DZ Bank AG, the largest issuer of structured notes in 2012, is enjoying the best start to a year for sales of the securities, even as the market slumps to a nine-year low.
The Frankfurt-based lender sold $5.2 billion of structured notes so far this year, up from $3.9 billion over the same period last year and the most on record according to data compiled by Bloomberg dating back to 1999.
DZ Bank is one of two clearing organizations for Germany’s cooperative lenders, allowing it to sell structured notes directly to more than 900 institutions. That’s helping it maintain sales as the market shrinks. Demand for the securities, which package debt with derivatives, is waning as regulators in the U.S. and Europe warn about their complexity and lack of transparency, and as record-low interest rates limit returns.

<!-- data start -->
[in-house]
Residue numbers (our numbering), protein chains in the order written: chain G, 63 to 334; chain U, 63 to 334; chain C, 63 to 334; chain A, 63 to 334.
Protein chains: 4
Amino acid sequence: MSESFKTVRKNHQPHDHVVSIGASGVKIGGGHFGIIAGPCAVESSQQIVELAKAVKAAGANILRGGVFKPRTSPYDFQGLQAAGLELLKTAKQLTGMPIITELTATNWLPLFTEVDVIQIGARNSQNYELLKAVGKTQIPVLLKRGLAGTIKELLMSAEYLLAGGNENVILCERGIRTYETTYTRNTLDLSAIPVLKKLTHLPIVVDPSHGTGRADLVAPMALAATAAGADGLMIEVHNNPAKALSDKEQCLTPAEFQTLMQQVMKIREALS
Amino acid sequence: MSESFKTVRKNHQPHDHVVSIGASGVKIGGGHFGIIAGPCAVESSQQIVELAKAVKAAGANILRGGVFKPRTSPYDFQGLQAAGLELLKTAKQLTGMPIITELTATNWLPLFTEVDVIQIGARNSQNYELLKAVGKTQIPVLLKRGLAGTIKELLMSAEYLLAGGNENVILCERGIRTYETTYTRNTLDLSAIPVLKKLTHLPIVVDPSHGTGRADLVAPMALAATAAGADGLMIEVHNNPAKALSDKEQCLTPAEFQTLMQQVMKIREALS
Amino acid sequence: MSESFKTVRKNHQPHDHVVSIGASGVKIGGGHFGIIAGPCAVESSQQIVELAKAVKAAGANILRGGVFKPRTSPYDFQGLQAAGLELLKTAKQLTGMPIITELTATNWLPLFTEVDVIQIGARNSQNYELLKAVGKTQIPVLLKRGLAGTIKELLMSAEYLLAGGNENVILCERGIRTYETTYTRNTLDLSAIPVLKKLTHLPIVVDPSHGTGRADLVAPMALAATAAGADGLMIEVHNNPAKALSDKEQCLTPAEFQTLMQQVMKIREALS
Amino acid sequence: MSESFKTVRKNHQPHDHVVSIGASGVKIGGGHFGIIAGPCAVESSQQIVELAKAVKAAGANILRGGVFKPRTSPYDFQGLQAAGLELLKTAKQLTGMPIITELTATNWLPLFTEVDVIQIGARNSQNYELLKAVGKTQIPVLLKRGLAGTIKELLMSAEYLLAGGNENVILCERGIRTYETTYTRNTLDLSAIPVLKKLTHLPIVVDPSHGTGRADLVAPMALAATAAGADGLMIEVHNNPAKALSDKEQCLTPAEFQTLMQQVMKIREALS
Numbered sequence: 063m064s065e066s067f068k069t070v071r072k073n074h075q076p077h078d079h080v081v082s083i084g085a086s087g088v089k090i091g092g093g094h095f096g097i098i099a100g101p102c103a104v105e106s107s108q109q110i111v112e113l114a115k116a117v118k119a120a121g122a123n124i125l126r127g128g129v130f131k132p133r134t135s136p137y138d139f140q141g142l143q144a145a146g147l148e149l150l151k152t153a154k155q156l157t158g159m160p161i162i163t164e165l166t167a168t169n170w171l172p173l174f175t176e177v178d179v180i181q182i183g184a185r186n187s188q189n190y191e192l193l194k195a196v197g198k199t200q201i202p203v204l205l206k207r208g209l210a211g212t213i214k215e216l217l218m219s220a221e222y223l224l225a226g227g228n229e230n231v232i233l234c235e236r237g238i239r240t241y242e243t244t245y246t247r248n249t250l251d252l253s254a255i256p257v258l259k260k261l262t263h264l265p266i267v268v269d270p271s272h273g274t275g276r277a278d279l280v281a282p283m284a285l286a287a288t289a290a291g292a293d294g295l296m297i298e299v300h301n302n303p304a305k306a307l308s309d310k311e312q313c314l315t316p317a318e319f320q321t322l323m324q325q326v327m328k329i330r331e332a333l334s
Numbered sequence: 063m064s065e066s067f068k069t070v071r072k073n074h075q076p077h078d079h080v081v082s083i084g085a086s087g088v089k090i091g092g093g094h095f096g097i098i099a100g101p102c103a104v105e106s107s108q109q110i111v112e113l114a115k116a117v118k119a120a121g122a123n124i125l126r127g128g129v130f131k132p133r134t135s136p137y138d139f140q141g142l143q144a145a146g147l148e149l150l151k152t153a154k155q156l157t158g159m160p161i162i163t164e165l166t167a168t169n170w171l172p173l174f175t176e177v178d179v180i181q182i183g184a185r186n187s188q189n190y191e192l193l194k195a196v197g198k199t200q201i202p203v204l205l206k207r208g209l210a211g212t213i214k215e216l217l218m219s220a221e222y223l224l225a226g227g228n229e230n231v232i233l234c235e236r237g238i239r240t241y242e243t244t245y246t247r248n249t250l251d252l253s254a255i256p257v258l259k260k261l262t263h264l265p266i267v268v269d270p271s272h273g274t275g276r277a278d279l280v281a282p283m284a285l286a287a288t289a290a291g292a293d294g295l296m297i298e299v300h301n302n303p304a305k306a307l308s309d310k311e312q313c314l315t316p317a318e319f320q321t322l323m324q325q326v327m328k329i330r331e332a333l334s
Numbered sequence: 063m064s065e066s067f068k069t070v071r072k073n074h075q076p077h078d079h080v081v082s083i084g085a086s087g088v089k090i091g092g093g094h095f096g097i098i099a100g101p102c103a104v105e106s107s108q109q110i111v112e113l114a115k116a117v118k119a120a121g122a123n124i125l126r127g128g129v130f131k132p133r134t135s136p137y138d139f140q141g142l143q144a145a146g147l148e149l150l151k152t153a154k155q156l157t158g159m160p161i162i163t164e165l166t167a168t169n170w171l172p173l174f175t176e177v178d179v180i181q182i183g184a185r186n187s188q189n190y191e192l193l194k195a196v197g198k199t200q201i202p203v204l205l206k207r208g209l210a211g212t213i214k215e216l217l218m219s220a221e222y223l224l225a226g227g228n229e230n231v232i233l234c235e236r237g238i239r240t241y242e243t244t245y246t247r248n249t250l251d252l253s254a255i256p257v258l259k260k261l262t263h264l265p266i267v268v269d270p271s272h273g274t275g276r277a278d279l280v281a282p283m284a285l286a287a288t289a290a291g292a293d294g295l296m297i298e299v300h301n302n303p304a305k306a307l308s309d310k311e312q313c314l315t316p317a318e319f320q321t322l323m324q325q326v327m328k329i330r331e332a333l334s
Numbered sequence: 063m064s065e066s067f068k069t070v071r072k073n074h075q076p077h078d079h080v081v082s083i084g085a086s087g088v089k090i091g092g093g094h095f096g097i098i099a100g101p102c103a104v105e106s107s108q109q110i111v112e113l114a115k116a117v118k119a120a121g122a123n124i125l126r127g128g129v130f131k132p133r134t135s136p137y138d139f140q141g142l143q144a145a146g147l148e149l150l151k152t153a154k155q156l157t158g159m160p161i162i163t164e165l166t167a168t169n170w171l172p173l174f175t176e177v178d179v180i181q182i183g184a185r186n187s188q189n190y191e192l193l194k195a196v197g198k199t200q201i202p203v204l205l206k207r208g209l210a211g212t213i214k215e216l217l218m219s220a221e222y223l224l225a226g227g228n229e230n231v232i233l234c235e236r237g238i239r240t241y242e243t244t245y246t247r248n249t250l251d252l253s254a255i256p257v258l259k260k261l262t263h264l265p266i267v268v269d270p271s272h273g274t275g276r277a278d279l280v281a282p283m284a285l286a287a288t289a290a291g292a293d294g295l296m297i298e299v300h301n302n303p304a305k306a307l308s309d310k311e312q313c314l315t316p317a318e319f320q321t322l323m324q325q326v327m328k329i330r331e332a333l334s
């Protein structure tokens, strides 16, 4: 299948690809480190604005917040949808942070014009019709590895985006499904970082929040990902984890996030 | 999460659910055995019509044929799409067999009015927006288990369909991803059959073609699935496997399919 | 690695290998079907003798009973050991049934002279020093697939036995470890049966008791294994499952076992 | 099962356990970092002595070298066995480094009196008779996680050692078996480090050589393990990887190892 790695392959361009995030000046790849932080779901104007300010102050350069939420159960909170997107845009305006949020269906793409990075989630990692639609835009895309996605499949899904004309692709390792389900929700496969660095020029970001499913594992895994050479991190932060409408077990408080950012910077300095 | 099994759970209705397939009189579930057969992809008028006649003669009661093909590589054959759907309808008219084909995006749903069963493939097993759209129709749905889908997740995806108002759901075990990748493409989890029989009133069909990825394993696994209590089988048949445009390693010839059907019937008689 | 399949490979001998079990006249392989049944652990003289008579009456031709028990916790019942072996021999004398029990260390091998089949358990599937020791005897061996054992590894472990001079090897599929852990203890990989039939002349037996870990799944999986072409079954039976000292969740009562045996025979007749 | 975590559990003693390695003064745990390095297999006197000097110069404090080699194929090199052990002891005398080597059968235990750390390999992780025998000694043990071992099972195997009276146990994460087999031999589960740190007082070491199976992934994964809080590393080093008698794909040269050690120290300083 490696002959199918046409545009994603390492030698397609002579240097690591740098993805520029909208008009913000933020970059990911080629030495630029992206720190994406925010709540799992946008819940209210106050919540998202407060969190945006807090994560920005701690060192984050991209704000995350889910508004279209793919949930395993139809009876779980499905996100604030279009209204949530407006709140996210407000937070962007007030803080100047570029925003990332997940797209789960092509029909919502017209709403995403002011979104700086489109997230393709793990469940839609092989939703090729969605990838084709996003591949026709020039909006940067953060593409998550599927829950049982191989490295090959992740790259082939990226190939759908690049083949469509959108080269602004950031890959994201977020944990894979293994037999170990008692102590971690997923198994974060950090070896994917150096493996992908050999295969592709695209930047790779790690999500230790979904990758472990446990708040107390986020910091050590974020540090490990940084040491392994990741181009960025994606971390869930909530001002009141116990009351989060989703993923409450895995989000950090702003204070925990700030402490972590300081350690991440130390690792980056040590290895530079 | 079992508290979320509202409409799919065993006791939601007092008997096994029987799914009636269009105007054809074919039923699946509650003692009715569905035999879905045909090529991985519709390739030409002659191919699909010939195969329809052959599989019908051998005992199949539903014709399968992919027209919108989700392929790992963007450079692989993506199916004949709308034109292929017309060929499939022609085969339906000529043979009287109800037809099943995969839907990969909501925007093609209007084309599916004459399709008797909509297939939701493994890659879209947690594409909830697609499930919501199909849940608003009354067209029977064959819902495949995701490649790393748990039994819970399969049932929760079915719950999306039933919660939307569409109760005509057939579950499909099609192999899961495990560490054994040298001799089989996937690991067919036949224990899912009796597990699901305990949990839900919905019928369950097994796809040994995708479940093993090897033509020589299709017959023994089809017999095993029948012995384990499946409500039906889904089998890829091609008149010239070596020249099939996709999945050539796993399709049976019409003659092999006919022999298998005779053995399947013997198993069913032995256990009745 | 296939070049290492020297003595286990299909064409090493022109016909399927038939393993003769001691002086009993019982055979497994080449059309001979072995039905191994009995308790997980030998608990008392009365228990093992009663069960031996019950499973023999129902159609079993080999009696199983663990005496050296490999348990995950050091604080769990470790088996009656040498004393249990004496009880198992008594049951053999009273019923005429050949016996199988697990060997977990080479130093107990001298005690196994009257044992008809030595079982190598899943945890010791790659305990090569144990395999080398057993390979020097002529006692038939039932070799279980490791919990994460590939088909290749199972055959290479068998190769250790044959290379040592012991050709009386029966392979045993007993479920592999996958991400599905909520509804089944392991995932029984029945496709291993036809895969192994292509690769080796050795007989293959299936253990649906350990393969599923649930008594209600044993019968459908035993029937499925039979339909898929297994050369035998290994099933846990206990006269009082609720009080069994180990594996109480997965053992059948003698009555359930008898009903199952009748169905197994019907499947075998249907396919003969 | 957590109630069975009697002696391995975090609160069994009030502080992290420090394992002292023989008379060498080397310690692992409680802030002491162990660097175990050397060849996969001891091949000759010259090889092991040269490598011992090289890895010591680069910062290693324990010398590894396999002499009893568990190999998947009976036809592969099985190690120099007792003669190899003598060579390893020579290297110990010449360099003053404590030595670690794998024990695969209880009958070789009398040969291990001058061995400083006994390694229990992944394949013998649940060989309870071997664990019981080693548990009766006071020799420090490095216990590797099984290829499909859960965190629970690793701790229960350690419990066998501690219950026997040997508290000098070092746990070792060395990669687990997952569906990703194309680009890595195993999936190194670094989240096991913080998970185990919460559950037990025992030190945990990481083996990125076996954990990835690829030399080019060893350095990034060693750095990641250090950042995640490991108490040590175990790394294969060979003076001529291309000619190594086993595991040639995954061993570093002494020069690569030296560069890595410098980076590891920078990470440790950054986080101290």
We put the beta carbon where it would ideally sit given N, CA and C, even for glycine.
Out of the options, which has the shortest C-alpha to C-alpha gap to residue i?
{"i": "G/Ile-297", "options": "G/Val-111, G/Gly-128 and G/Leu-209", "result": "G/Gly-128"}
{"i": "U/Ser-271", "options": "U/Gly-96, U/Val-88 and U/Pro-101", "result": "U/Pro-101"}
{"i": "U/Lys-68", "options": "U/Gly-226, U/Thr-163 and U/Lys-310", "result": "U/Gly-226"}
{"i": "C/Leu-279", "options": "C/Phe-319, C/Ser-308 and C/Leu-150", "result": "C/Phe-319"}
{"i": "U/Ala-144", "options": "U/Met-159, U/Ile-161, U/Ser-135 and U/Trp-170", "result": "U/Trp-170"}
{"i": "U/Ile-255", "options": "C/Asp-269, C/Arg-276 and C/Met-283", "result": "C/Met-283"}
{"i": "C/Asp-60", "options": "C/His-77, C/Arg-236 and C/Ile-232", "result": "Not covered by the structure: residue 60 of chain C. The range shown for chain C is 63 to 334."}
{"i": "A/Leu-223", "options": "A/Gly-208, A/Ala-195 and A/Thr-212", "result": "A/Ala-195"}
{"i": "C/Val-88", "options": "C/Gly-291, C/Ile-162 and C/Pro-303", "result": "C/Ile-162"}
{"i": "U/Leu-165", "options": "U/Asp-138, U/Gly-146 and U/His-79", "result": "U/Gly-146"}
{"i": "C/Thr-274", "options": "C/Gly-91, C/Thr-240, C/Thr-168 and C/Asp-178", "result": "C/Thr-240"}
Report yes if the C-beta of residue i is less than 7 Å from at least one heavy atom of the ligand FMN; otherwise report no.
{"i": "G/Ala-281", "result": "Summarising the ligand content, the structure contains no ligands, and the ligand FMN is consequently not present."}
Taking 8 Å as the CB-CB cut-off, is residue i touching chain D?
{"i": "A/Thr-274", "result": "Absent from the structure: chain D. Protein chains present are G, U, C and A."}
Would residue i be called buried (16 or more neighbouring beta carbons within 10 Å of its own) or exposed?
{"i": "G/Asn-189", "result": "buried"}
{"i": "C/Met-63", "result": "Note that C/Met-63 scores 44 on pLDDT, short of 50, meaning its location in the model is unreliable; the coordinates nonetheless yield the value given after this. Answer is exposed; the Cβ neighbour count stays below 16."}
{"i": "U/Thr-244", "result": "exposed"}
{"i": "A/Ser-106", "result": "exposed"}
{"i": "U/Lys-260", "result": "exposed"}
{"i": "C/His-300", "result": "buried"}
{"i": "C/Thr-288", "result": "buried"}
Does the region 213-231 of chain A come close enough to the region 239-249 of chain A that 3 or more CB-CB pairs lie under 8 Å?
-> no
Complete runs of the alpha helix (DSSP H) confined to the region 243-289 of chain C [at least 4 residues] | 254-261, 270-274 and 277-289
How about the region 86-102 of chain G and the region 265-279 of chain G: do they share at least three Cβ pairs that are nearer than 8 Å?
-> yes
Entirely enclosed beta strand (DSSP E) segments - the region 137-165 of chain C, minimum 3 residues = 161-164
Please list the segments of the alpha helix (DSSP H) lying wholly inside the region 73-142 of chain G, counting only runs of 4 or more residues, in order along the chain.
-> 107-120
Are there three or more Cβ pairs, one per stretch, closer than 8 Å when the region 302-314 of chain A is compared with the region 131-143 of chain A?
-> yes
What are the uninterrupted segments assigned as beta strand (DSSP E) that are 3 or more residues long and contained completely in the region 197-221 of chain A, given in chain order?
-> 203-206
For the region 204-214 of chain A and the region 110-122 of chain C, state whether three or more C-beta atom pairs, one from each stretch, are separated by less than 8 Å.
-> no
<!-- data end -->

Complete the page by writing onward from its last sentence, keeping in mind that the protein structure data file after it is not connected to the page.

Still, the risks associated with structured notes promise higher yields than basic bonds, and that’s driving strong demand for the securities, said Rainer Overbeck, head of structured credit trading at DZ Bank in Frankfurt.
The lender’s 50 million euros ($64 million) of structured notes tied to UniCredit SpA’s debt sold on March 7 yield 4.44 percent, data compiled by Bloomberg show. The same amount of fixed-rate, three-year bonds it sold the same day pay 0.67 percent.
Three quarters of DZ Bank’s issuance this year, or $3.9 billion, was made up of notes tied to the debt of companies, such as French insurer Axa SA and German utility RWE AG.
Banks sold $19 billion of structured notes this year, 13 percent less than the $21.8 billion issued in 2012 and the least since 2004, data compiled by Bloomberg show.
Structured notes offer bigger payouts than senior bank bonds because buyers bear the risk of the bank selling the securities and the underlying assets.